What is the 'Interest Rate Risk'
The interest rate risk is the risk that an investment's value will change due to a change in the absolute level of interest rates, in the spread between two rates, in the shape of the yield curve, or in any other interest rate relationship. Such changes usually affect securities inversely and can be reduced by diversifying (investing in fixed-income securities with different durations) or hedging (such as through an interest rate swap).
BREAKING DOWN 'Interest Rate Risk'Interest rate risk affects the value of bonds more directly than stocks, and it is a major risk to all bondholders. As interest rates rise, bond prices fall, and vice versa. The rationale is that as interest rates increase, the opportunity cost of holding a bond decreases, since investors are able to realize greater yields by switching to other investments that reflect the higher interest rate. For example, a 5% bond is worth more if interest rates decrease, since the bondholder receives a fixed rate of return relative to the market, which is offering a lower rate of return as a result of the decrease in rates.
Market Interest Rates
Interest rate risk is most relevant to fixed-income securities whereby a potential increase in market interest rates is a risk to the value of fixed-income securities. When market interest rates increase, prices on previously issued fixed-income securities as traded in the market decline, since potential investors are now more inclined to buy new securities that offer higher rates. Only by having lower selling prices can past securities with lower rates become competitive with securities issued after market interest rates have turned higher.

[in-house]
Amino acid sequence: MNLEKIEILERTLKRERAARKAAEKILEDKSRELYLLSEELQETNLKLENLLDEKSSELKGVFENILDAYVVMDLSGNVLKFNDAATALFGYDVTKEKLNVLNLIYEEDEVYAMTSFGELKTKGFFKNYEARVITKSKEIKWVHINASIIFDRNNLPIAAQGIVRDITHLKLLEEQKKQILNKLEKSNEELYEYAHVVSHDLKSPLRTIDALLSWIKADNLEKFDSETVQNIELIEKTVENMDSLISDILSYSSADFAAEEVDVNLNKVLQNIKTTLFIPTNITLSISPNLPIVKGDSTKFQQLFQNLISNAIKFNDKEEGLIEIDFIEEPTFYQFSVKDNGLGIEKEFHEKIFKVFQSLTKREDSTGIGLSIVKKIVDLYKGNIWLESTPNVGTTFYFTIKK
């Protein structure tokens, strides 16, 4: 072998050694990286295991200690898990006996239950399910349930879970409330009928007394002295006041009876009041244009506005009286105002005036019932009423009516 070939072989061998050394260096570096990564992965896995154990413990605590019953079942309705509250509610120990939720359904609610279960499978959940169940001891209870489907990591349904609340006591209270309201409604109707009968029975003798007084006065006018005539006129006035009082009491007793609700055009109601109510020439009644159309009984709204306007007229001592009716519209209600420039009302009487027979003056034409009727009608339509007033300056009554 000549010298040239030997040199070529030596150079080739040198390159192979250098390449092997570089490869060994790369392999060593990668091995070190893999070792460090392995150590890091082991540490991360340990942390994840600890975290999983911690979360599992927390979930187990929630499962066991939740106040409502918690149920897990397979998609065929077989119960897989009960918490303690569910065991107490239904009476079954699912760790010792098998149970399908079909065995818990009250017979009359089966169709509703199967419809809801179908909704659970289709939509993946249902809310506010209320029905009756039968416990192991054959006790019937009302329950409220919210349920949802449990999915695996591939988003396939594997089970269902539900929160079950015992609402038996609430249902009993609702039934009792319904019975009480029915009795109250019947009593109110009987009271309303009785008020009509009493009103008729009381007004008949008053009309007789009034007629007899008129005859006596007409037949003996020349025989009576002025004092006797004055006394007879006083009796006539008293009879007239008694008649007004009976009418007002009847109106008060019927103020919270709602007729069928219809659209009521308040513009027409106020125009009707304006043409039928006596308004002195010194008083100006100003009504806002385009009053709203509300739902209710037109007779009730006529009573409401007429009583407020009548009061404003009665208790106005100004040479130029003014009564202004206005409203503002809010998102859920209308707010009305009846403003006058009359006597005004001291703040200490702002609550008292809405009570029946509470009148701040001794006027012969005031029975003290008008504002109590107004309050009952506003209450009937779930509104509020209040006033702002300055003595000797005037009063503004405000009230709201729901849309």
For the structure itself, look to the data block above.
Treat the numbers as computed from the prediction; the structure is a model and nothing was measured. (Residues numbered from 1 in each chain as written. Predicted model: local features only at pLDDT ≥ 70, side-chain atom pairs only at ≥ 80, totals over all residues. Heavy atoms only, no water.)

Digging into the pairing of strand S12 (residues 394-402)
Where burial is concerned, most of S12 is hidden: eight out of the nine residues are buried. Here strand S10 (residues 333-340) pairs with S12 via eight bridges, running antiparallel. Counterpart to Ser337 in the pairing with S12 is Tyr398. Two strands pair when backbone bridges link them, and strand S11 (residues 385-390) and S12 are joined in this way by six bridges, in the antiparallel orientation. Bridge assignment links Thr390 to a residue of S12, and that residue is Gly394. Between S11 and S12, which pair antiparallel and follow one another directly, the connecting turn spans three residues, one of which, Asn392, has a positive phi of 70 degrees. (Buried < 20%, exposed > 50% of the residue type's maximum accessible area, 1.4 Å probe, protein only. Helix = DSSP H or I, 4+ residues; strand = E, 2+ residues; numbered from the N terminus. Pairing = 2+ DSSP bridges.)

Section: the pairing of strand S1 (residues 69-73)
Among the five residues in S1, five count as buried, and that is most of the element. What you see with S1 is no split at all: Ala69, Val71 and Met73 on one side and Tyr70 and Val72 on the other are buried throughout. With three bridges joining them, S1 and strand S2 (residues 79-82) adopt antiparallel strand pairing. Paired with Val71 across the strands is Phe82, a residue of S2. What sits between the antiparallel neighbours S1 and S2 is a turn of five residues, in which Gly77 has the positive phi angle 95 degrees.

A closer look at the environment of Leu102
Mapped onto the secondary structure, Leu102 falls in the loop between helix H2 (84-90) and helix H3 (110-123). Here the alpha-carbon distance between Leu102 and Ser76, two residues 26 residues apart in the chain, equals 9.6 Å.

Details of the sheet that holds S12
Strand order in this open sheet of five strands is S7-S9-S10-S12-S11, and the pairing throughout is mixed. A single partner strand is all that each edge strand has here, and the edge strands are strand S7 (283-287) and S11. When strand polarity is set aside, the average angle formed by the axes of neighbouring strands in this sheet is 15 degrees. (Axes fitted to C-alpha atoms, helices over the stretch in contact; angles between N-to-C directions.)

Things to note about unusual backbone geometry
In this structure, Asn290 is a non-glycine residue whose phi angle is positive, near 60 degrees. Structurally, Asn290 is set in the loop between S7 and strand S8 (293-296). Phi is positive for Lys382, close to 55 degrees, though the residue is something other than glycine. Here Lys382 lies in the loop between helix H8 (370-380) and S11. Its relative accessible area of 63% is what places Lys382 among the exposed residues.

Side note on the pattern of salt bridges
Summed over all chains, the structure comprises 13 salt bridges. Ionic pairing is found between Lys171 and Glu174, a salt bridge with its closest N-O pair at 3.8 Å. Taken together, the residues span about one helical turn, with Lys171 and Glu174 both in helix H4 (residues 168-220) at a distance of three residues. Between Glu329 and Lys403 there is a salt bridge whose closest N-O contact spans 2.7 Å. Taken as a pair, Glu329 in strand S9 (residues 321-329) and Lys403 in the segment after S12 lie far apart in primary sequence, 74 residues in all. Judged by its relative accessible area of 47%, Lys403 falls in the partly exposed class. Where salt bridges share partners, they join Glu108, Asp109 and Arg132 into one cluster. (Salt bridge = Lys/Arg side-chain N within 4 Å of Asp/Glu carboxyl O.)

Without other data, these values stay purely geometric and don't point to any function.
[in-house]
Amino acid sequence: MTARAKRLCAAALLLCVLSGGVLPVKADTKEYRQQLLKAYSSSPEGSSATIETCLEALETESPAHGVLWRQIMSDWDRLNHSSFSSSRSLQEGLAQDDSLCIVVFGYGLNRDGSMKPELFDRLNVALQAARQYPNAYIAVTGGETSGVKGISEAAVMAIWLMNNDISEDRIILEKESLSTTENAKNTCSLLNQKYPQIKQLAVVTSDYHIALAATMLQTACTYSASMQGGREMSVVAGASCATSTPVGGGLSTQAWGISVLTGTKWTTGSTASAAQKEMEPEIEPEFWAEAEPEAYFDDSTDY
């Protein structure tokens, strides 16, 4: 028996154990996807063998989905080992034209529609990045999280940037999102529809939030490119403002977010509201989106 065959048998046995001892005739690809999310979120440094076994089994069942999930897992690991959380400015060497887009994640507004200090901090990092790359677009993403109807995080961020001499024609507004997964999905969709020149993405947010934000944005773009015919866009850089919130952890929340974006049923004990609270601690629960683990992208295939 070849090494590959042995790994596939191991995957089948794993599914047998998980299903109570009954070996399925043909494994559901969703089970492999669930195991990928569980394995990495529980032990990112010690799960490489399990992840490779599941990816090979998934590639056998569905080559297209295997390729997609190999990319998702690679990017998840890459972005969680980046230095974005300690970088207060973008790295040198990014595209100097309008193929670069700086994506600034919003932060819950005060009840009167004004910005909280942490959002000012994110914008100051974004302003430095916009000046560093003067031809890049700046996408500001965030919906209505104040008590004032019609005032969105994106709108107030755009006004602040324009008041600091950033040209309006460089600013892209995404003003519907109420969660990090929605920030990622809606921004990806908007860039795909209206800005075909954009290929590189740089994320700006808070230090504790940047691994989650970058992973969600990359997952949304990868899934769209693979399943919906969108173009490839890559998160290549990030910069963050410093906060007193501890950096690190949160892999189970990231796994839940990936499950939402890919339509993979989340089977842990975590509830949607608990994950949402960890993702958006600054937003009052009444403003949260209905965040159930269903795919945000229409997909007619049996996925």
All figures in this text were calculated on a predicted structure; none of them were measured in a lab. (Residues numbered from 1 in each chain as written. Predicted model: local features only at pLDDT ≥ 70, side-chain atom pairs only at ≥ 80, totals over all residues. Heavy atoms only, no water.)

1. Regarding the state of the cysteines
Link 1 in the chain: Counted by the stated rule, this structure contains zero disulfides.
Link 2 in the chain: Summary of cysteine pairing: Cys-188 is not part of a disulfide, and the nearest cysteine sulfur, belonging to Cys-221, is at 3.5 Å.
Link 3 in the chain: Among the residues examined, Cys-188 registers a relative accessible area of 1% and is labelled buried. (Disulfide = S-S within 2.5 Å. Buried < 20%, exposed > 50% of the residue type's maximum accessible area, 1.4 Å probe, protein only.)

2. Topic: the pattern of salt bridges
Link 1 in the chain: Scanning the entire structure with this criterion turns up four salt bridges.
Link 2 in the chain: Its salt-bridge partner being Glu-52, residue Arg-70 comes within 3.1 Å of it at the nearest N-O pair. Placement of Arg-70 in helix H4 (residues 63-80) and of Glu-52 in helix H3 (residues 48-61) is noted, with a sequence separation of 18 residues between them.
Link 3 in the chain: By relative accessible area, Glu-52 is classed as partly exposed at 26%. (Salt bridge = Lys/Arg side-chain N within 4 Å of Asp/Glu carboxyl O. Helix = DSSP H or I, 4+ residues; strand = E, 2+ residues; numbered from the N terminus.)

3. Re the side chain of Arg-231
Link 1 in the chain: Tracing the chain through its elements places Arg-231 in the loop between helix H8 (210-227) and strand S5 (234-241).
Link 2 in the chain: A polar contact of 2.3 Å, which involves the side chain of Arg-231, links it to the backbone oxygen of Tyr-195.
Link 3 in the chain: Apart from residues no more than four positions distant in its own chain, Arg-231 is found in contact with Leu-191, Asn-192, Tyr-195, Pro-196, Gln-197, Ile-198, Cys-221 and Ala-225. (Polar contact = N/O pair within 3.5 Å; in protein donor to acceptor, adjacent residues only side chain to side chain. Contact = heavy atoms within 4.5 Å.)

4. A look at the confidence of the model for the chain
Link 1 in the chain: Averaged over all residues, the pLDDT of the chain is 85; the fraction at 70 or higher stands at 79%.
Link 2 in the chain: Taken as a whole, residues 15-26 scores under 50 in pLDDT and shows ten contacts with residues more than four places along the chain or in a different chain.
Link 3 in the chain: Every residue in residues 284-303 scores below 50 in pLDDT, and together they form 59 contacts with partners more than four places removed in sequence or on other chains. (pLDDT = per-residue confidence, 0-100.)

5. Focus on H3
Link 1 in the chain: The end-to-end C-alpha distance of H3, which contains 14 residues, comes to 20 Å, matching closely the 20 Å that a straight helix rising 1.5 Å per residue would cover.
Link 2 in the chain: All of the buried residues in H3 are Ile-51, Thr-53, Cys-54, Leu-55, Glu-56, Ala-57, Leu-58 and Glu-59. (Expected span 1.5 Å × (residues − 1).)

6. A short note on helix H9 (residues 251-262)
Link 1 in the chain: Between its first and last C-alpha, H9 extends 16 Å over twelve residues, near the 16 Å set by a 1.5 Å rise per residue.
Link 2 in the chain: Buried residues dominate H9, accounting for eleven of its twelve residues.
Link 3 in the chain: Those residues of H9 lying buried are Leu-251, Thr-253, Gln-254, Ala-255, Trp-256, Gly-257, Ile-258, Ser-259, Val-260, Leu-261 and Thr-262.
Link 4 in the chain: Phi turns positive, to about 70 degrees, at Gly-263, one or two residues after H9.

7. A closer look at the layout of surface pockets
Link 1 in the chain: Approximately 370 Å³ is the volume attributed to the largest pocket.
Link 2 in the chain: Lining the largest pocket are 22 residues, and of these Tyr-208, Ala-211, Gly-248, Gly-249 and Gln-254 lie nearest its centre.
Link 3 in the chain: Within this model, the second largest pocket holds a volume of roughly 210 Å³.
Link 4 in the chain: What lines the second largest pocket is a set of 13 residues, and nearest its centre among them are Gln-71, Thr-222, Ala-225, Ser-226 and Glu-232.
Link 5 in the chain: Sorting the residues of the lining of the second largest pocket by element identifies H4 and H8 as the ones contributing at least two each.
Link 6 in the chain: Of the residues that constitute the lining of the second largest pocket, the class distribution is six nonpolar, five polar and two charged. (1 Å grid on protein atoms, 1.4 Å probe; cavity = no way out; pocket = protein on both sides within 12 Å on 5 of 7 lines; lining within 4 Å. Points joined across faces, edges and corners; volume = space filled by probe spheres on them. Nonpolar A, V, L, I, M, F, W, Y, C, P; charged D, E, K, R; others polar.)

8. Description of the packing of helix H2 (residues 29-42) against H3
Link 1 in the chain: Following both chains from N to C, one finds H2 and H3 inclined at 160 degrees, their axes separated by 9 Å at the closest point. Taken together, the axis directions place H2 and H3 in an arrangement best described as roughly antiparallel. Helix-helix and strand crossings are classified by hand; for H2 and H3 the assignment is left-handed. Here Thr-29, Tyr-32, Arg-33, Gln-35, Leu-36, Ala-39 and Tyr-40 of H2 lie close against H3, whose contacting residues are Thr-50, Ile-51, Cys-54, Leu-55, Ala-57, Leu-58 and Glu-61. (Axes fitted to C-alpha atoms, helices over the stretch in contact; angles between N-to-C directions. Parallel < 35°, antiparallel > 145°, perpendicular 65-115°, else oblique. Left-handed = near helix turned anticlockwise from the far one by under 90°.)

The value of existing fixed-income securities with different maturities declines by various degrees when market interest rates rise. This is referred to as price sensitivity, meaning that prices on securities of certain maturity lengths are more sensitive to increases in market interest rates, resulting in sharper declines in their security values.
For example, suppose there are two fixed-income securities, one maturing in one year and the other in 10 years. When market interest rates rise, holders of the one-year security could quickly reinvest in a higher-rate security after having a lower return for only one year. Holders of the 10-year security would be stuck with a lower rate for 9 more years, justifying a comparably lower security value than shorter-term securities to attract willing buyers. The longer a security's maturity, the more its price declines to a given increase in interest rates.
Maturity Risk Premium
The greater price sensibility of longer-term securities leads to higher interest rate risk for those securities. To compensate investors for taking on more risk, the expected rates of return on longer-term securities are normally higher than on shorter-term securities. This extra rate of return is called maturity risk premium, which is higher with longer years to maturity. Along with other risk premiums, such as default risk premiums and liquidity risk premiums, maturity risk premiums help determine rates offered on securities of different maturities beyond varied credit and liquidity conditions.